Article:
These laws were introduce by eugenics-supporting legilators, who basically wanted to maintain white supremecy and actively enforced these statutes in one state or another throughout our history until the U.S. Supreme Court case of Loving v. the State of Virginia in 1967. (Well, Alabama waited until 2000 to remove anti-miscegenation language from it's state constitution!)

American Heroes: Mildred and Richard Perry Loving

It was due to the courage of Mildred Loving, who was part African-American and Native-American, and her husband Richard Perry Loving, a Causcasian-American, that these unjusts laws were challenged. They were invaded in their home in Virginia by police who arrested them for co-habitation. Even though Mr. Loving showed them a marriage license, they were charged with violiating the Racial Integrity Act of 1924.

On January 6, 1959, the Lovings pleaded guilty and were sentenced to one year in prison, with the sentence suspended for 25 years on condition that the couple leave the state of Virginia. The trial judge in the case, Leon Bazile, echoing Johann Friedrich Blumenbach's 18th-century interpretation of race, proclaimed that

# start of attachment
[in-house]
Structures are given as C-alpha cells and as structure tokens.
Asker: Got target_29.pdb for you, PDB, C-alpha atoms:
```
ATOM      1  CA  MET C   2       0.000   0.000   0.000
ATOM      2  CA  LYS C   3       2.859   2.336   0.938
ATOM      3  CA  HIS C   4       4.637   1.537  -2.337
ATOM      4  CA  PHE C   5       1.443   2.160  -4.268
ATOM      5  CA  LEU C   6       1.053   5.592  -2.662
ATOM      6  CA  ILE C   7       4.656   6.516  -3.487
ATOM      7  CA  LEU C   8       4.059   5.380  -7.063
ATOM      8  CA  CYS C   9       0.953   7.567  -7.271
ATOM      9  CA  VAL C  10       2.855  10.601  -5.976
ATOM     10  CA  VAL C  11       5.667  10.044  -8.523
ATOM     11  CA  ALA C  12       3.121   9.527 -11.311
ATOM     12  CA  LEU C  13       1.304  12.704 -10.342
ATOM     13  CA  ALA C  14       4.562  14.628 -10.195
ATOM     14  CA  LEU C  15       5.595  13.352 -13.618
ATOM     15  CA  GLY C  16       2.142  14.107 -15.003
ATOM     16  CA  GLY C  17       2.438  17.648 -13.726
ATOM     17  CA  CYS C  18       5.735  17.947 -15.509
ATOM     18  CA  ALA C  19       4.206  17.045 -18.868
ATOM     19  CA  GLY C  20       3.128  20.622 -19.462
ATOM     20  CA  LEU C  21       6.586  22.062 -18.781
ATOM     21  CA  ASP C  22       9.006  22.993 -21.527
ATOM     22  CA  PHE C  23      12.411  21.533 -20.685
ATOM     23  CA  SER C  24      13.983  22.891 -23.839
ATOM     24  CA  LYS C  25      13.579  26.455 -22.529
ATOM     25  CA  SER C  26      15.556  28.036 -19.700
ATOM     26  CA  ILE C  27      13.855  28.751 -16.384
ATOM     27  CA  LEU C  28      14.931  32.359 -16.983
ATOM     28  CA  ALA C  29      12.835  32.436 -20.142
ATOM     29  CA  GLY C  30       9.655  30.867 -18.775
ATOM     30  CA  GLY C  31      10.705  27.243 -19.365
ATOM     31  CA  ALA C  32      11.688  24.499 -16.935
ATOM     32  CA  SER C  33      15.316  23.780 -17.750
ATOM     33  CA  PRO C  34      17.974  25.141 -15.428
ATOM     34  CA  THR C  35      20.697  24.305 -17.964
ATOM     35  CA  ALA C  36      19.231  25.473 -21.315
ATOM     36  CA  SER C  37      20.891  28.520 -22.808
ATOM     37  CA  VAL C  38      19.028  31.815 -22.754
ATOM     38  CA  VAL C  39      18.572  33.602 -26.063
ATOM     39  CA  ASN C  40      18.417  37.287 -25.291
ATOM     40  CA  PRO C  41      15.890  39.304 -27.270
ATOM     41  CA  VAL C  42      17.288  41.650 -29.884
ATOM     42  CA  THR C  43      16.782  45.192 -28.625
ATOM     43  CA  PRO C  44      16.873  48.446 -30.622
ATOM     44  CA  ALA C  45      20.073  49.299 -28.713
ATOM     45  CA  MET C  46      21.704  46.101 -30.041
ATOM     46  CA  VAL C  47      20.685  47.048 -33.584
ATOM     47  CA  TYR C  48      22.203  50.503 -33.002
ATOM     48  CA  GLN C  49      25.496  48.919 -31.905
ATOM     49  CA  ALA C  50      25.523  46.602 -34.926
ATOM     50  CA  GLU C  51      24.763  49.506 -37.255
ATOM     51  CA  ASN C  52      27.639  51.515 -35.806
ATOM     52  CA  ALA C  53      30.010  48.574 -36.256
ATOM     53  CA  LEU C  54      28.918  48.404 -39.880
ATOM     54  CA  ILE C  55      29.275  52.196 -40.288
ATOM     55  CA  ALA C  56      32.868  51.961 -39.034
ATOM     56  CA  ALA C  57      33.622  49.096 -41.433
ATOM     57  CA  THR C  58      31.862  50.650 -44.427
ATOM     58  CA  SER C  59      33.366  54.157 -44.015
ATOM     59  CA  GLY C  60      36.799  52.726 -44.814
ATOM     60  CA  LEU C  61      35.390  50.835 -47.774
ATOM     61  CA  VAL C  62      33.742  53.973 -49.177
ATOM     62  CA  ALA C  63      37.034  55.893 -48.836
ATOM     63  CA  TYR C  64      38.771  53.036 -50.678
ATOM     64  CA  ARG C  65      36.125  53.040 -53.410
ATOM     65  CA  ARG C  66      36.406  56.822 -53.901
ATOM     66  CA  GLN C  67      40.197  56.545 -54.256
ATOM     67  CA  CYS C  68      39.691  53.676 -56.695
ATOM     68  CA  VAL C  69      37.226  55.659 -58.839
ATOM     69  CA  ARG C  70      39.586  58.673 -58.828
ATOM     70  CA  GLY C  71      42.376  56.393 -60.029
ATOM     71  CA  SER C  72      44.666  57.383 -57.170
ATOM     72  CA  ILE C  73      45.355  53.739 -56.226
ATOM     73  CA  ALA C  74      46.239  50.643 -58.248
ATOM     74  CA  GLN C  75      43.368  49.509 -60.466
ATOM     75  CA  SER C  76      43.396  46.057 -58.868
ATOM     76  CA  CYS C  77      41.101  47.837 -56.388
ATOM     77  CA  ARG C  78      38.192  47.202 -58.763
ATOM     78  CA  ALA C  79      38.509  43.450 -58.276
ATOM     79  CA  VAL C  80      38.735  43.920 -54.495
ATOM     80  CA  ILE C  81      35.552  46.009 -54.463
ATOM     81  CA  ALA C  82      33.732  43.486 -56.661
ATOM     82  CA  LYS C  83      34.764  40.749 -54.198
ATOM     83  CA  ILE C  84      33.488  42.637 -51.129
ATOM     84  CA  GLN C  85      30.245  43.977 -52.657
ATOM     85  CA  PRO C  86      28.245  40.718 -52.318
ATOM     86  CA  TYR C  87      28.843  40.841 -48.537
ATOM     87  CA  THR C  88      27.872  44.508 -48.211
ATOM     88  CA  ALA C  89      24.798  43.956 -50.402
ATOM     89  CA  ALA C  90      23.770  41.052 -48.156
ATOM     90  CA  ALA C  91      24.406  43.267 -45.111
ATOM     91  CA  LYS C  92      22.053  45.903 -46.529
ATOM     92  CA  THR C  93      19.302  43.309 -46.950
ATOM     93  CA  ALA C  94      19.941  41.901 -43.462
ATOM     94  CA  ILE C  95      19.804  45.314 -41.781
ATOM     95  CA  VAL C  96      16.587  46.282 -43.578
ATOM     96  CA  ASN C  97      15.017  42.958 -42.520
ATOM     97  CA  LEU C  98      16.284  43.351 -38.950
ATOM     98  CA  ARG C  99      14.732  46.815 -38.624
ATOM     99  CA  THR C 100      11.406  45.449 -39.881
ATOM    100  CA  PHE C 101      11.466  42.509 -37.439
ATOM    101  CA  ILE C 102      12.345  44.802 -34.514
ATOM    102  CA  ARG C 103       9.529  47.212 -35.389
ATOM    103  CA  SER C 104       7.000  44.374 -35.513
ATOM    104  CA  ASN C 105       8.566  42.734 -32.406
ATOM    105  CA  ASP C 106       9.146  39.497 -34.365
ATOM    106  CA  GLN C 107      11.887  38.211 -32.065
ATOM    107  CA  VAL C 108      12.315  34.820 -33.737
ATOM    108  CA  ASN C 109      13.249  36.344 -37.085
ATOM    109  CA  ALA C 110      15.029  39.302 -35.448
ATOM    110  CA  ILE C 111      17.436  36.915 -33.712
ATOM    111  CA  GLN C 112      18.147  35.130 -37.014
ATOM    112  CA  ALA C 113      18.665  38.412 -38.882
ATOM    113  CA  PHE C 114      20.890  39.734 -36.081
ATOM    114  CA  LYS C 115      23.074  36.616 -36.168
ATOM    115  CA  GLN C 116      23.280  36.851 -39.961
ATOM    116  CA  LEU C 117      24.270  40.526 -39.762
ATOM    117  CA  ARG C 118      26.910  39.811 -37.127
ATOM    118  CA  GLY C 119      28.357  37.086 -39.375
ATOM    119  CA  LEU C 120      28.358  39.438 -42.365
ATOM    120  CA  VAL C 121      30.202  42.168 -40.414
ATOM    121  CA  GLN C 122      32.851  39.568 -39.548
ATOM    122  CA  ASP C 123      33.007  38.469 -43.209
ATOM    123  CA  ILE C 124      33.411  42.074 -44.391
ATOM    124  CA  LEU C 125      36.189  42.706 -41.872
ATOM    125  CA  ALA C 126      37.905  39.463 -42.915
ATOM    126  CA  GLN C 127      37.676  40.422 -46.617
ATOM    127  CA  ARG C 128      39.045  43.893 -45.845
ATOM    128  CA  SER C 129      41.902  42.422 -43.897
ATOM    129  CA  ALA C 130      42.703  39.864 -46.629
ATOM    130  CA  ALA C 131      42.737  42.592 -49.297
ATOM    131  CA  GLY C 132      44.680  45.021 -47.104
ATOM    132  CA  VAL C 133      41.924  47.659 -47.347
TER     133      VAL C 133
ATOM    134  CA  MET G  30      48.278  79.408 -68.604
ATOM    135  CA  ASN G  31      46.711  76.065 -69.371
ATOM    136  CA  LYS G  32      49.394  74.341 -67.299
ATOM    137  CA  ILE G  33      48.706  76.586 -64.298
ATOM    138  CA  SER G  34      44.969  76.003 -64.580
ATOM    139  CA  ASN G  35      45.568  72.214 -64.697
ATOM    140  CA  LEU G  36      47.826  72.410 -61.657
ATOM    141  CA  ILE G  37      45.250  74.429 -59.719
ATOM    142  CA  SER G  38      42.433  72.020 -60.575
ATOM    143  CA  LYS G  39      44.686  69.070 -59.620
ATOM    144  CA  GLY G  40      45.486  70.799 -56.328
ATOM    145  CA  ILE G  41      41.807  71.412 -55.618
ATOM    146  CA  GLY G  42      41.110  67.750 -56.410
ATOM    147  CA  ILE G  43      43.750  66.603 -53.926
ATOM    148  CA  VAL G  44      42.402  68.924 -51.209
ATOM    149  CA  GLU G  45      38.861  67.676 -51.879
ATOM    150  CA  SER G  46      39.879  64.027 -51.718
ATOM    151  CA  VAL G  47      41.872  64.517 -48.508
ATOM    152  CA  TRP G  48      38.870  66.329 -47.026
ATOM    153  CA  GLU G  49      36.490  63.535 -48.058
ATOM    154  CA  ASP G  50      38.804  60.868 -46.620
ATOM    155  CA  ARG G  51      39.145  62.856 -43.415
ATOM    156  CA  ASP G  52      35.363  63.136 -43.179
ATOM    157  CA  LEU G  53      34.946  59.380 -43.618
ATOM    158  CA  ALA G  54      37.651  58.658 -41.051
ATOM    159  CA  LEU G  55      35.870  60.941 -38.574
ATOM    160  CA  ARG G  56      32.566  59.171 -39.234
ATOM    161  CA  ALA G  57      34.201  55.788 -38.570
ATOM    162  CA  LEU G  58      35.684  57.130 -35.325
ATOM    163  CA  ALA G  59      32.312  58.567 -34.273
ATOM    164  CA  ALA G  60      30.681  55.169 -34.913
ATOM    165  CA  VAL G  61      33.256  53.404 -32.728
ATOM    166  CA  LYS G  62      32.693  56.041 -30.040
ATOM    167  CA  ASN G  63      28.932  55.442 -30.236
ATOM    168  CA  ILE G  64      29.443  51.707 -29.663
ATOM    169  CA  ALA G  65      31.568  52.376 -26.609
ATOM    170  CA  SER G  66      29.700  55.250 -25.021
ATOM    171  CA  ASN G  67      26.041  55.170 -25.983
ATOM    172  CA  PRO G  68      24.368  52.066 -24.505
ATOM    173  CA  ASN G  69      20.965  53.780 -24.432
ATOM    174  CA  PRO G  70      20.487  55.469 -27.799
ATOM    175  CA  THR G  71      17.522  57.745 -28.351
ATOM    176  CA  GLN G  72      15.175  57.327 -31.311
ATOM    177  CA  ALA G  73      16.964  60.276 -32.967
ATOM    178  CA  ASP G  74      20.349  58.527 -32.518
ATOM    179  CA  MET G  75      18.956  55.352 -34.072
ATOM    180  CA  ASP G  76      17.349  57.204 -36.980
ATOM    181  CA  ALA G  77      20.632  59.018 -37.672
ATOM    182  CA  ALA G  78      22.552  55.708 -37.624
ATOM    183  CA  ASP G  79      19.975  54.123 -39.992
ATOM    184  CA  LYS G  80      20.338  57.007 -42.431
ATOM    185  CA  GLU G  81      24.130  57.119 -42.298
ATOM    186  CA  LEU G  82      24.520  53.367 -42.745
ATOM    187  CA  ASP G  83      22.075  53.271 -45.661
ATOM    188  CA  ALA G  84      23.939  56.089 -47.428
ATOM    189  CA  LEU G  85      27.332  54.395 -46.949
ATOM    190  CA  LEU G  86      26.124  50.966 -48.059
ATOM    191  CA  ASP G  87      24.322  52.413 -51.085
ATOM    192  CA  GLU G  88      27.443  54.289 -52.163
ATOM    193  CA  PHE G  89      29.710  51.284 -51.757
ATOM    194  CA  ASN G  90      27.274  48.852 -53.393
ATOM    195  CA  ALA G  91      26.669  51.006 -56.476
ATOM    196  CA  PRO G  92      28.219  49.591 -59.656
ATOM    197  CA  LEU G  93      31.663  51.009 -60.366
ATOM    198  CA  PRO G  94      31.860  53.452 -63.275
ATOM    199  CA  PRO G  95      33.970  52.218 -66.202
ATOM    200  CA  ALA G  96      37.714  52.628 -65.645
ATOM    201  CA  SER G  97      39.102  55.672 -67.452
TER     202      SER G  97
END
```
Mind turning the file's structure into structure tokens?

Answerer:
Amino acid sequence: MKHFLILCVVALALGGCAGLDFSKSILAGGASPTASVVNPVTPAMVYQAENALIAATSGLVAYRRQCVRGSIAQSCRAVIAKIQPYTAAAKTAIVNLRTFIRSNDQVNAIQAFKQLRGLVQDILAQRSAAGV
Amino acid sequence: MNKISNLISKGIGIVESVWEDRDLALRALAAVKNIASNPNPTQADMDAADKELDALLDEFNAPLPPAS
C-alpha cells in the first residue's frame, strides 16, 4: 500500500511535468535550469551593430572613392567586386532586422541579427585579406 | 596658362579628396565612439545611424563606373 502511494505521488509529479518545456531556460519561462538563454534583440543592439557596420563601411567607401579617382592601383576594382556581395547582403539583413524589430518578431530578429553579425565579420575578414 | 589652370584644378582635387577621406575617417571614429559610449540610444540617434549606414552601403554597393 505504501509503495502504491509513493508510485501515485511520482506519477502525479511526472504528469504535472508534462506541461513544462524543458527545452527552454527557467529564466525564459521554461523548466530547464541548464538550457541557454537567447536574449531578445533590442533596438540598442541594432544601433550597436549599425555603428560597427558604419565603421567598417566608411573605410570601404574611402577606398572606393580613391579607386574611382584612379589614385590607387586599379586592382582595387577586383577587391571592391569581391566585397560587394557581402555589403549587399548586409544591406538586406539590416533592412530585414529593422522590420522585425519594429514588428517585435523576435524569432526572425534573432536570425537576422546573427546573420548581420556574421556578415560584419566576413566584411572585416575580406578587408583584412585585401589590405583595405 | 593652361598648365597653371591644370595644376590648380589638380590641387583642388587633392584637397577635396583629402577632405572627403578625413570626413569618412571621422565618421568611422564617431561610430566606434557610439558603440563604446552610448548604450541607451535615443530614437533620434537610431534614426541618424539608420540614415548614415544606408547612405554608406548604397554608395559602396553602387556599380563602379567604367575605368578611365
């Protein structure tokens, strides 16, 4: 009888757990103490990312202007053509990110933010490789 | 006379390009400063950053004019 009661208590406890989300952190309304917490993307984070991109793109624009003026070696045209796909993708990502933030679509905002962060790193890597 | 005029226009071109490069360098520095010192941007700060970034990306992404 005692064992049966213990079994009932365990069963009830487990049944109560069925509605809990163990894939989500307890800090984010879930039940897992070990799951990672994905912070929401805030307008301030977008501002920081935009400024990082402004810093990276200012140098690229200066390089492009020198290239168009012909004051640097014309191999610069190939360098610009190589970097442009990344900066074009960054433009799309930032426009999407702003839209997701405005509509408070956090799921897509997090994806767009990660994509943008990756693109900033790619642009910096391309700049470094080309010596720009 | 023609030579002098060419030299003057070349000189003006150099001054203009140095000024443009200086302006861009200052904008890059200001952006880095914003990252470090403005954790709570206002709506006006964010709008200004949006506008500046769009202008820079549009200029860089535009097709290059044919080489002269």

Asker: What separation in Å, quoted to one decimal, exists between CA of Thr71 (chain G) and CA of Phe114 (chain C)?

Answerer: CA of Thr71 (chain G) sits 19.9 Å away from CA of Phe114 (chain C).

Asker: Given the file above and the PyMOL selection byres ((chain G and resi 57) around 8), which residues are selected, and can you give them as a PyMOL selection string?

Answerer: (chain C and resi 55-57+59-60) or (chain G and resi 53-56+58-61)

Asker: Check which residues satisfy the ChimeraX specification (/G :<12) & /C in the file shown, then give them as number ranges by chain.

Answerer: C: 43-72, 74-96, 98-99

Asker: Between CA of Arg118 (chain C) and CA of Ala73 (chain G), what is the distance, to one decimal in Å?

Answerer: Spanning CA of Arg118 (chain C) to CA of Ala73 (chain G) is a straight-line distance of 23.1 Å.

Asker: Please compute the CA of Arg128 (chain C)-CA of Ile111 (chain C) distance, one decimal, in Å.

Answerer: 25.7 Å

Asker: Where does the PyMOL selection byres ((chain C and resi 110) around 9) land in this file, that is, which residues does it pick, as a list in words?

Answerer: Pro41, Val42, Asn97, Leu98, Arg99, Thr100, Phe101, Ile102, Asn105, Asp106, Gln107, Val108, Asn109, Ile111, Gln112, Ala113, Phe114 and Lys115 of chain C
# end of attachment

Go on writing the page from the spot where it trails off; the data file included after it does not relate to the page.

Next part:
Almighty God created the races white, black, yellow, malay and red, and he placed them on separate continents. And but for the interference with his arrangement there would be no cause for such marriages. The fact that he separated the races shows that he did not intend for the races to mix.

As historian Peggy Pascoe points out, the arguments against interracial marriage are eerily similar to the ludicrous arguments made by the opponents of same-sex marriage:

As Reconstruction collapsed in the late 1870s, legislators, policymakers, and, above all, judges began to marshal the arguments they needed to justify the reinstatement--and subsequent expansion--of miscegenation law.

Here are four of the arguments they used:

1) First, judges claimed that marriage belonged under the control of the states rather than the federal government.

2) Second, they began to define and label all interracial relationships (even longstanding, deeply committed ones) as illicit sex rather than marriage.

3) Third, they insisted that interracial marriage was contrary to God's will, and